BELA CRVKA, Yugoslavia -- The father cannot forget the photographs rescued from a shallow grave. In his leathery hands, he carefully holds a precious album of pictures retrieved from an undeveloped roll of film discovered in his youngest son's clothing. He sees his two teen-age boys, alive and well, in the days before war came to this isolated Kosovo village and Serbian gunners killed 64 people. "I think, every day, it gets harder for me," says the father who buried two sons twice, on a moonlit spring night and a sweltering summer day -- first, right after a massacre, and the second time after the bodies were exhumed for war crimes investigators.
NEWS
By Linda Chavez | September 4, 2003
WASHINGTON - John Kerry, the junior senator from Massachusetts who would be president, wants us to know that he's a war hero and George W. Bush isn't. This week, Mr. Kerry formally announced his bid for the Democratic nomination using the aircraft carrier USS Yorktown as his backdrop. Mr. Kerry surrounded himself with some of the men he served with in Vietnam, where he earned a Silver Star, Bronze Star and three Purple Hearts. He then used the occasion to launch an all-out assault on the integrity of the present commander in chief.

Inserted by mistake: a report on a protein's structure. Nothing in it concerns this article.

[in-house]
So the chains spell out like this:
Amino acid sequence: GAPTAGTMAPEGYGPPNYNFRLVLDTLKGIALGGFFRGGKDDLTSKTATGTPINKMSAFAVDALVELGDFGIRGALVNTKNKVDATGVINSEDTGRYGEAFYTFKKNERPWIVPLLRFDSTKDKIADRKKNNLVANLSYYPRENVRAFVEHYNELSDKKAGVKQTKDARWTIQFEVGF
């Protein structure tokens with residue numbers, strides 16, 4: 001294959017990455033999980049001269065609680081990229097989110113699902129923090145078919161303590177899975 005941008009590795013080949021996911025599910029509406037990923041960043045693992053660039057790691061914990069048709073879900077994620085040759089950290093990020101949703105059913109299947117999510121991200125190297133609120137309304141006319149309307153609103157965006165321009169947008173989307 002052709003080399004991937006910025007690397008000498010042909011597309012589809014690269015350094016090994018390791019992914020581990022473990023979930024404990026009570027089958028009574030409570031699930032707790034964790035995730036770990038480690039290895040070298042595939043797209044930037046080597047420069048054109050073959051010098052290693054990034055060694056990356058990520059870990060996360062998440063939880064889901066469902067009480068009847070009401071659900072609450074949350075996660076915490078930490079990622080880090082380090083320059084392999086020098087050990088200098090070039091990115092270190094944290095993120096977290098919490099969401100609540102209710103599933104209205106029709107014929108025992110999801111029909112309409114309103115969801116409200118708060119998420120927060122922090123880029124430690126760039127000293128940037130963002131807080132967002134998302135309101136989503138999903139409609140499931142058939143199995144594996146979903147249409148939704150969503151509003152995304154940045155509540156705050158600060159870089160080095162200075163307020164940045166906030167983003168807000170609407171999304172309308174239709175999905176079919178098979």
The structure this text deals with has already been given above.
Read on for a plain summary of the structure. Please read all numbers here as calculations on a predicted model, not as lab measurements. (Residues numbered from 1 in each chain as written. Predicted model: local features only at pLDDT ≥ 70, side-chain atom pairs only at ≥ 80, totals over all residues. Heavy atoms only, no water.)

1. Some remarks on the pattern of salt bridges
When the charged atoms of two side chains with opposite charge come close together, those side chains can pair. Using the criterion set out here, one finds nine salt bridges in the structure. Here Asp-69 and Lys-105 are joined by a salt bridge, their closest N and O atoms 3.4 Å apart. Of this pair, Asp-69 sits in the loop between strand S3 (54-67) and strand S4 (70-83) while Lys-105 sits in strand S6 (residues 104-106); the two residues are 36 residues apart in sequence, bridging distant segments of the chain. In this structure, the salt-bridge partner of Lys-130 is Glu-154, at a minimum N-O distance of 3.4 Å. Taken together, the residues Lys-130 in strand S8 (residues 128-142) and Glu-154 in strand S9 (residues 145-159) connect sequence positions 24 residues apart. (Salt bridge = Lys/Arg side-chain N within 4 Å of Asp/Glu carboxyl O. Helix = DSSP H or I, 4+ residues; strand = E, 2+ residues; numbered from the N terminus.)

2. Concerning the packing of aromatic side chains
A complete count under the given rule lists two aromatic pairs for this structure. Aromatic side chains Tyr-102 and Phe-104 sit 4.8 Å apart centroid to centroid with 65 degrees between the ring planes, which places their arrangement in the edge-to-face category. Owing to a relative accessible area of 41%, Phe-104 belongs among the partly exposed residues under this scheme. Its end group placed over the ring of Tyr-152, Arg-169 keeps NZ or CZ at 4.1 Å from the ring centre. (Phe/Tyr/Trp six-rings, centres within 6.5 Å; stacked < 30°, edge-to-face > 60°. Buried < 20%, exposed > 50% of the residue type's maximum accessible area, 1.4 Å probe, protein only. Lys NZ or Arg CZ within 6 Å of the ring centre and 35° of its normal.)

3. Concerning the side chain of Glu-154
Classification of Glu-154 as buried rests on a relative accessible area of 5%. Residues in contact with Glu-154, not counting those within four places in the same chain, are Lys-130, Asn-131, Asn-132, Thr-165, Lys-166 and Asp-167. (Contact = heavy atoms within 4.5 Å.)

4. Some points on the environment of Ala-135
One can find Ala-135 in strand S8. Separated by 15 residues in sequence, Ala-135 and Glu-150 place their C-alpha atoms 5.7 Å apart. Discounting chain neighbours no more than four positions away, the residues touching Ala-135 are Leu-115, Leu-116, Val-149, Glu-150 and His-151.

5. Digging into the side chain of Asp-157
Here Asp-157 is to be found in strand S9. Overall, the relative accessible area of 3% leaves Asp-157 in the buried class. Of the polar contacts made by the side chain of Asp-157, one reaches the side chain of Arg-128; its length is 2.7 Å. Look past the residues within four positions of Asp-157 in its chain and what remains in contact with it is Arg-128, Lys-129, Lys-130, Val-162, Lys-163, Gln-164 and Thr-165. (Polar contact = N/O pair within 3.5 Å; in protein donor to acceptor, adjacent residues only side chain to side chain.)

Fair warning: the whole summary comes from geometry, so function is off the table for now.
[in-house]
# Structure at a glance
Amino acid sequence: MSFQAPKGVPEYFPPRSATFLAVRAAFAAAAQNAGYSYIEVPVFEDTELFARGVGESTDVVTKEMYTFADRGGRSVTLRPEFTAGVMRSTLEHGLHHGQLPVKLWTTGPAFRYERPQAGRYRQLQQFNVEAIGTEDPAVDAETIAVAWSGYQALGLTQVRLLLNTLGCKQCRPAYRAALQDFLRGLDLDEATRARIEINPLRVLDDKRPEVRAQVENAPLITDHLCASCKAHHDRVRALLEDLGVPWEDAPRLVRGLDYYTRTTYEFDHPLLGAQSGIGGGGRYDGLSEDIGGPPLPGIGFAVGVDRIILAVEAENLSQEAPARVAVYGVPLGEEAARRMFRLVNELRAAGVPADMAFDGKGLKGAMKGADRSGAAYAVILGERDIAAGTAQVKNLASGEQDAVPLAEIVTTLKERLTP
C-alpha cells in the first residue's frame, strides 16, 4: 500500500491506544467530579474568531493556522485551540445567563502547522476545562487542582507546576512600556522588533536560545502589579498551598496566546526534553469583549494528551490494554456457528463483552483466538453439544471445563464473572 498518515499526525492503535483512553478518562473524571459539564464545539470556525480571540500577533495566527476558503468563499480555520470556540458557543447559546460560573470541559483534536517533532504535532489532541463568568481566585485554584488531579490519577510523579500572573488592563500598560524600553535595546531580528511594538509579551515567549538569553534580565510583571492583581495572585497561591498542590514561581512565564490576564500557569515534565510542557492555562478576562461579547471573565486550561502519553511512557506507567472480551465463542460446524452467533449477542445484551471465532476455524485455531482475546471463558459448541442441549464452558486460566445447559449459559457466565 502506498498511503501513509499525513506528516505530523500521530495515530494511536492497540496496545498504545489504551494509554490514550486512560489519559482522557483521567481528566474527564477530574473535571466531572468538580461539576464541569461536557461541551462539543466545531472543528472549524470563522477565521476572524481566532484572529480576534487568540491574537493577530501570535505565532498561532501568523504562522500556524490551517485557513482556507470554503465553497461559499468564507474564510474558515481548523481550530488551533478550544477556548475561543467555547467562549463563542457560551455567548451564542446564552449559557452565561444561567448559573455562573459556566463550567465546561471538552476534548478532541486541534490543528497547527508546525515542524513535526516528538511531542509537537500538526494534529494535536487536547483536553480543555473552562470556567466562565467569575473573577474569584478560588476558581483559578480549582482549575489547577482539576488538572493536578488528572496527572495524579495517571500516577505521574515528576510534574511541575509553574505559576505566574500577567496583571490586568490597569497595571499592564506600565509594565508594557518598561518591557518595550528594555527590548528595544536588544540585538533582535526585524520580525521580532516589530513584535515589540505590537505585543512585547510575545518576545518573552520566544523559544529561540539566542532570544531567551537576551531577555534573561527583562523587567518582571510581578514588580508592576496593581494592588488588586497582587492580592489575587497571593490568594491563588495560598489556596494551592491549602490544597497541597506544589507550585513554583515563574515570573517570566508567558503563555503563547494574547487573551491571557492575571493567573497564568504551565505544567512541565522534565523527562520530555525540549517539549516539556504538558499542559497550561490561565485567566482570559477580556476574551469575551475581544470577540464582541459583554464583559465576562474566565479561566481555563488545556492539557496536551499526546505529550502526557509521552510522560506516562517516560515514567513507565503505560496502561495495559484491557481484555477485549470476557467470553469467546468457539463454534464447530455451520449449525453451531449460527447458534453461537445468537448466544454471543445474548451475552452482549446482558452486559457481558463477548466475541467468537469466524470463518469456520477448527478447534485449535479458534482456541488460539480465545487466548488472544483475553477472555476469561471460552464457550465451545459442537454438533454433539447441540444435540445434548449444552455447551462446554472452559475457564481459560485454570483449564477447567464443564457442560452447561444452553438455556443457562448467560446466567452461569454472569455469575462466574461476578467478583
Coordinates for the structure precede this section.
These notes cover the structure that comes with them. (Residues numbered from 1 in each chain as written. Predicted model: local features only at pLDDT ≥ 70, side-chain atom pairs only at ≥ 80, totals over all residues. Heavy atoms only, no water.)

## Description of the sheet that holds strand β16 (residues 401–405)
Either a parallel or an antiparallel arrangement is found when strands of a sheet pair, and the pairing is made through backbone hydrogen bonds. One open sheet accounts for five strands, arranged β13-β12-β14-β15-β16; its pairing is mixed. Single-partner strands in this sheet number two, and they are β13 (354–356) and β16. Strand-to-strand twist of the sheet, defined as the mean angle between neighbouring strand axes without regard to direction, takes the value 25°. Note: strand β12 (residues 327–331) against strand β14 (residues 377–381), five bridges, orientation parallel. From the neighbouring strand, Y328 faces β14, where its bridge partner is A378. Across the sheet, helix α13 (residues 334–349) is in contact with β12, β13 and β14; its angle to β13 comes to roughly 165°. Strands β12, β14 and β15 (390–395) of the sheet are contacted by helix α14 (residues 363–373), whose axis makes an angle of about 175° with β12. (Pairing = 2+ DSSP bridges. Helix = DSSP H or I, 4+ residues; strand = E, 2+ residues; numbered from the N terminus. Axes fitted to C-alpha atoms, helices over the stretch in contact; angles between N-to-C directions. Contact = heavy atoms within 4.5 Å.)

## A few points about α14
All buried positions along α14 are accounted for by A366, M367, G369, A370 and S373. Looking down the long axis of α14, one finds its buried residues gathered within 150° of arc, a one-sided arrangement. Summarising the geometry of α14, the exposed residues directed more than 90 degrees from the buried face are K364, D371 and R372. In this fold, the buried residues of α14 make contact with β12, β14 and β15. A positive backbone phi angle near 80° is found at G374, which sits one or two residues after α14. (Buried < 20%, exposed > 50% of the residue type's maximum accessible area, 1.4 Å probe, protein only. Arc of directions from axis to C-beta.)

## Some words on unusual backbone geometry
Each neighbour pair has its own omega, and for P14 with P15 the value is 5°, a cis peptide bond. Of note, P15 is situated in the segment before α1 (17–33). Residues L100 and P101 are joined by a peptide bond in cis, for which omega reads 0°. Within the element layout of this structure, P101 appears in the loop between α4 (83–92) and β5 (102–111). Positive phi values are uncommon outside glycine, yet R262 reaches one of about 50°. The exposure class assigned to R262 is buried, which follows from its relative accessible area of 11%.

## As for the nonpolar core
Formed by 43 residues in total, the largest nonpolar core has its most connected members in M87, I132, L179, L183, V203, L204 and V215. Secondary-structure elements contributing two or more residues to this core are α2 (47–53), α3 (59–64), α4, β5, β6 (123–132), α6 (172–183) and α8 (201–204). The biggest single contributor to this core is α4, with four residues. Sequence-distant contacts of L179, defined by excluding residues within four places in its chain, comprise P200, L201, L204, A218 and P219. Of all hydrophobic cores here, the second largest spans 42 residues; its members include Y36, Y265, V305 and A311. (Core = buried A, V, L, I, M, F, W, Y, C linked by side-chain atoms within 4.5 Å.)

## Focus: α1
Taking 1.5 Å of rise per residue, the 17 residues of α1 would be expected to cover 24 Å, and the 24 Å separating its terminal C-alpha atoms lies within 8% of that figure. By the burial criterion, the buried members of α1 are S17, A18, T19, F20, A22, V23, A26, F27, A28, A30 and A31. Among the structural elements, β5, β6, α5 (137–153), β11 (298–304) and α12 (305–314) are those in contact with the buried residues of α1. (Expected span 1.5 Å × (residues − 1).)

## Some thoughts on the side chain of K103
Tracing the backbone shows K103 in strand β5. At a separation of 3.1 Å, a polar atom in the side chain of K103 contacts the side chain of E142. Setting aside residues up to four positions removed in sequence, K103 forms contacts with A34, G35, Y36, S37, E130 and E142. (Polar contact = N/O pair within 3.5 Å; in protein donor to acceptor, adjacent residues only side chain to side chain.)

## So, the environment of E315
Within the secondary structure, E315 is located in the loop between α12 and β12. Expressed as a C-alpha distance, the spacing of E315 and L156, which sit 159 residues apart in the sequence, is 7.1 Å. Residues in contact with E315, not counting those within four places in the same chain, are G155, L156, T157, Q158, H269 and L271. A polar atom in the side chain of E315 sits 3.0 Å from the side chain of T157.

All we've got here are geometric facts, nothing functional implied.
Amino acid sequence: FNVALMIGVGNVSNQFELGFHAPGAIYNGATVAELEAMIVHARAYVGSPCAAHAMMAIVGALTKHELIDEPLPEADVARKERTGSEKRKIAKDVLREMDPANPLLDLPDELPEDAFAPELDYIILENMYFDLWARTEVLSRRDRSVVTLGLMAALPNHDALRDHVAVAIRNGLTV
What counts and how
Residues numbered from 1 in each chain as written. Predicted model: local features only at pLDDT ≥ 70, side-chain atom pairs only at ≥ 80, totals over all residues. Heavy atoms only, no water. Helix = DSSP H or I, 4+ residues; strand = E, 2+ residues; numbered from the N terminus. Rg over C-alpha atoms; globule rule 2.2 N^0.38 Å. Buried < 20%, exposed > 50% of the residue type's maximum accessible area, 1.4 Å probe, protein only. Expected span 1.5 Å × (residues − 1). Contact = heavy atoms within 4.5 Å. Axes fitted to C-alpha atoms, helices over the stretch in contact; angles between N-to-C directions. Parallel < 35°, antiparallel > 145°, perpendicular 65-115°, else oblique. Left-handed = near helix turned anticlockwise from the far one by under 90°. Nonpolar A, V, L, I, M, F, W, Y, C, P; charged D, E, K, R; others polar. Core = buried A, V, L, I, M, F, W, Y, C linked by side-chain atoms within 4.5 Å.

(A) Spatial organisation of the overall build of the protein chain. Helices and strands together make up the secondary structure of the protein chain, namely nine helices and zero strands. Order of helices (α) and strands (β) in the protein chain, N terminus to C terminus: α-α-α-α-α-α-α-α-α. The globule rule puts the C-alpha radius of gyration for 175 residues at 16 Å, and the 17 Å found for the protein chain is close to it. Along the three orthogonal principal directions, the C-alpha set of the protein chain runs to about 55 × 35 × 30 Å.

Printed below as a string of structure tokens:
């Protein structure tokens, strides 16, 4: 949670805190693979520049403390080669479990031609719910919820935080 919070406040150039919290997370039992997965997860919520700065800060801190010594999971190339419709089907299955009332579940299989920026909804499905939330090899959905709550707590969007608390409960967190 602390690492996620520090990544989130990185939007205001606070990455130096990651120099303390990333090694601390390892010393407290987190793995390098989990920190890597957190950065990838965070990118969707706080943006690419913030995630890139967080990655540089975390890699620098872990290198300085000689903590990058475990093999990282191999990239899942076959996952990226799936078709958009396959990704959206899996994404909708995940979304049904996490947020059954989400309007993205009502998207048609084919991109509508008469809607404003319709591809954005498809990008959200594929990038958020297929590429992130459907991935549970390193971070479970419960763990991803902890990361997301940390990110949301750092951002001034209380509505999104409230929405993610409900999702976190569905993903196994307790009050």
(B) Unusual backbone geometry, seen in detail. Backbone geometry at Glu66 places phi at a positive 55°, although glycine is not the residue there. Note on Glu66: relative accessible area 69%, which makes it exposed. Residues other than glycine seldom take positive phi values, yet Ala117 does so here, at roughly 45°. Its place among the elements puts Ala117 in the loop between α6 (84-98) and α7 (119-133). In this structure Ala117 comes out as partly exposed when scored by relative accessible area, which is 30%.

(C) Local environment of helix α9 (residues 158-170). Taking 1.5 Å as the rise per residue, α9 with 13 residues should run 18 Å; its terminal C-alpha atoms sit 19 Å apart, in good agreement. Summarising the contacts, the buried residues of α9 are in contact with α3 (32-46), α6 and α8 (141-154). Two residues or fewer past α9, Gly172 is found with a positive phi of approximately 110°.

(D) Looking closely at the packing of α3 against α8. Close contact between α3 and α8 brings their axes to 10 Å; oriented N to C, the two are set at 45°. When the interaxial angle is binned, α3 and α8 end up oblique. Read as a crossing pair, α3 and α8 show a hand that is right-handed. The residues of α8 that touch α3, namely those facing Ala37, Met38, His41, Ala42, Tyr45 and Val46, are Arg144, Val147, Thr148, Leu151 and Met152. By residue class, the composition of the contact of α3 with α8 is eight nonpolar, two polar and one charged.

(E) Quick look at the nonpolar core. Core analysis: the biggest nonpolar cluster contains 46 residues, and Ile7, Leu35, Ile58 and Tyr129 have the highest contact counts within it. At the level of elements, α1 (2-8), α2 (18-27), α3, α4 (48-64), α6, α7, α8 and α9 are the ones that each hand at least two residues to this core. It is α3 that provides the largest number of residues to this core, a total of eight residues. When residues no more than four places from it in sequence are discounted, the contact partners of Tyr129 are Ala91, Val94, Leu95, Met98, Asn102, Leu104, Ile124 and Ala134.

NEWS
By Stephen E. Ambrose | July 3, 1998
THEY were an extraordinary generation of Americans, the men and women of World War II. They won the war, planned for postwar peace and led the country through the second half of this century. They were children of the Depression, tempered by hardship but imbued with ideals of service and sacrifice. Some had fathers who had gone to France with Gen. John J. Pershing's American Expeditionary Force, to fight a war some said was to make the world safe for democracy. But with the onset of a second, more horrible world war, their generation was forced to fight to uphold American ideals.
NEWS
By William Pfaff | July 8, 1999
PARIS -- The war for Kosovo was first described as a triumph of air power, a revolution in warfare and the first humanitarian war. President Clinton, during his trip to the Balkans, seemed to promise more such wars -- proposing what amounts to a Clinton Doctrine of intervention on behalf of the persecuted peoples of the world.More sober voices will be heard before that comes about. The argument can be made that this war was the last, as well as the first, of its kind, at least so far as NATO is concerned.
NEWS
By Stephen E. Ambrose | July 3, 1998
THEY were an extraordinary generation of Americans, the men and women of World War II. They won the war, planned for postwar peace and led the country through the second half of this century. They were children of the Depression, tempered by hardship but imbued with ideals of service and sacrifice. Some had fathers who had gone to France with Gen. John J. Pershing's American Expeditionary Force, to fight a war some said was to make the world safe for democracy. But with the onset of a second, more horrible world war, their generation was forced to fight to uphold American ideals.